John McCain: To Be (a maverick) or Not To Be

Posted on April 5, 2010


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The senior senator from Arizona seems to be suffering from some type of memory loss, or perhaps, wishful thinking.   From a recent Newsweek article:

Many of the GOP’s most faithful, the kind who vote in primaries despite 115-degree heat, tired long ago of McCain the Maverick, the man who had crossed the aisle to work with Democrats on issues like immigration reform, global warming, and restricting campaign contributions. “Maverick” is a mantle McCain no longer claims; in fact, he now denies he ever was one. “I never considered myself a maverick,” he told me. “I consider myself a person who serves the people of Arizona to the best of his abilities.” (emphasis mine)

Huh?  You have got to be kidding me.  McCain has championed himself as the Maverick. The one to take the lead and reach across the aisle to work with Democrats, often stepping on those in his own party to do so.  In addition to the issues of immigration reform (a.k.a. amnesty), cap and trade, and McCain-Feingold campaign finance reform (now ruled unconstitutional by the Supreme Court), McCain also had the “maverickiness” to oppose his own party on the Bush tax cuts, voting for TARP, voice his opposition to supposed “torture” of terrorist suspects,  and express his support in the closing of Gitmo in Cuba.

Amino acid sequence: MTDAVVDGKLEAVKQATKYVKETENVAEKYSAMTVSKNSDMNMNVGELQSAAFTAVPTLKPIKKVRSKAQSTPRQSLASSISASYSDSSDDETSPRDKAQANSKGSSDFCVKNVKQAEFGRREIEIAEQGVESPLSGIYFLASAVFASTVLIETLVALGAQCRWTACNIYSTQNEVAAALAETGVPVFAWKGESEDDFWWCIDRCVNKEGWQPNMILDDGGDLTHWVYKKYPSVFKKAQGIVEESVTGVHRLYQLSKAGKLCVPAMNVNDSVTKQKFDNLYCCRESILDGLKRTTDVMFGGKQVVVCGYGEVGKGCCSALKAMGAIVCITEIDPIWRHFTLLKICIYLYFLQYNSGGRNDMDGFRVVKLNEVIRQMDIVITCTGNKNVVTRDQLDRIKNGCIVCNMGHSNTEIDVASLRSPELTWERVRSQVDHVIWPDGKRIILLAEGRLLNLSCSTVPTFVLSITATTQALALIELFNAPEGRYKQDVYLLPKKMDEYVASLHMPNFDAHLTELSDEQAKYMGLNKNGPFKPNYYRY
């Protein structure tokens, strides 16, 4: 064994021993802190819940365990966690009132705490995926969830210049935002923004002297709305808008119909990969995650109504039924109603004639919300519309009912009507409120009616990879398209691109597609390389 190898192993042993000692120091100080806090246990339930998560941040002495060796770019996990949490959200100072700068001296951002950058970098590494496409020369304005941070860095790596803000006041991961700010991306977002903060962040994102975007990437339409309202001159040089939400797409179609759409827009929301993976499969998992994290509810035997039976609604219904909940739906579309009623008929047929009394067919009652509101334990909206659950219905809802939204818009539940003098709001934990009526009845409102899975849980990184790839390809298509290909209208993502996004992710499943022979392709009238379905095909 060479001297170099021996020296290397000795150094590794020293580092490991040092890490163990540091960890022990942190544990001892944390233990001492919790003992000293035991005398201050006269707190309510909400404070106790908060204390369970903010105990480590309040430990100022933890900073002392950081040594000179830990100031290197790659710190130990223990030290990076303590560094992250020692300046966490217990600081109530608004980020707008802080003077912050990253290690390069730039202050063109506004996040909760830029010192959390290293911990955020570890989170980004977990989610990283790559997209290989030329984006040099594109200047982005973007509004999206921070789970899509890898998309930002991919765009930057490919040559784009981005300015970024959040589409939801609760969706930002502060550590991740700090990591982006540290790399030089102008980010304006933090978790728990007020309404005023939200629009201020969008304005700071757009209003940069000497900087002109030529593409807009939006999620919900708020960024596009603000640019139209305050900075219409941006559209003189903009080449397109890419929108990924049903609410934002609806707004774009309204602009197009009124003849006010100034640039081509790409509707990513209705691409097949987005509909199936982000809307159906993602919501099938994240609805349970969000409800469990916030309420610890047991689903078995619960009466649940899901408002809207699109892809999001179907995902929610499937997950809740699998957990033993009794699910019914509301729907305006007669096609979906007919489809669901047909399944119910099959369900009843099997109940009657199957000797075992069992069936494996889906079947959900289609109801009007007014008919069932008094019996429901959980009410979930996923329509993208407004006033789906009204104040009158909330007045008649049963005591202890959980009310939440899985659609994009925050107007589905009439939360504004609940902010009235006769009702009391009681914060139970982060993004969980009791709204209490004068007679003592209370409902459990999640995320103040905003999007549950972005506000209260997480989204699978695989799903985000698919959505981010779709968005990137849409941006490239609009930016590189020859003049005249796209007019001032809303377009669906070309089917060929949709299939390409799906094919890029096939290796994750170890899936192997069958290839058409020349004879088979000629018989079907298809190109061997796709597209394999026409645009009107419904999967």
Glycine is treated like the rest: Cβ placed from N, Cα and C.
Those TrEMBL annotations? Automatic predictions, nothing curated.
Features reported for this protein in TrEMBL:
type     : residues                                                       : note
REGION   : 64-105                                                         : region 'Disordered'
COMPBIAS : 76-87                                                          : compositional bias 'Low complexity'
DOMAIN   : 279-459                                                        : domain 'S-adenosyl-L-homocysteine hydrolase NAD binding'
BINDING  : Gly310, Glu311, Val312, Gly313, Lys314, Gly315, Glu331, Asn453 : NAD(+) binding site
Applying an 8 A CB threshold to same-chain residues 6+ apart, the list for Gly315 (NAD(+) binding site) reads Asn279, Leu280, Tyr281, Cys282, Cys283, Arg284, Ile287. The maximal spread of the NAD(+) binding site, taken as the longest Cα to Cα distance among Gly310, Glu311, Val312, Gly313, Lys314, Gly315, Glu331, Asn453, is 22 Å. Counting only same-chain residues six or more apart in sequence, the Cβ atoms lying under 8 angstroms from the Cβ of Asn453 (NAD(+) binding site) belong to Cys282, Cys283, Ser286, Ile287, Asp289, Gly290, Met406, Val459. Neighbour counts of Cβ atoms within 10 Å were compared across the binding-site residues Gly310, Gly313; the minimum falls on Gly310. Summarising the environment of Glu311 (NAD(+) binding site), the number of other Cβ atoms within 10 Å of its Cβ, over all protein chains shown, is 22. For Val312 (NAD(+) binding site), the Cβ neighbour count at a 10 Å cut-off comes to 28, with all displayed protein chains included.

But now, with the conservative Tea Party movement polling higher in approval than the president, McCain finds himself in a heated fight for the senate seat he’s held for so long.  And, all those “mavericky” middle positions he took to bolster his image as one who would make a good president are now being put under the spotlight.  What they show is a senator who has reached across the aisle too often, ignoring the wishes of those who sent him to Washington in the first place.   In fact, in direct opposition to his own claims of representing the people of Arizona, a review of his positions shows that McCain has put his own interests first, trying to make a name for himself, and further his own career.  His representating the people of Arizona has come in second place.  His “mavericky” style has put him out in the spotlight, and now he needs to embrace it.

Senator McCain, you chose to be a maverick, please don’t forget that, because we voters never will.

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Posted in: Congress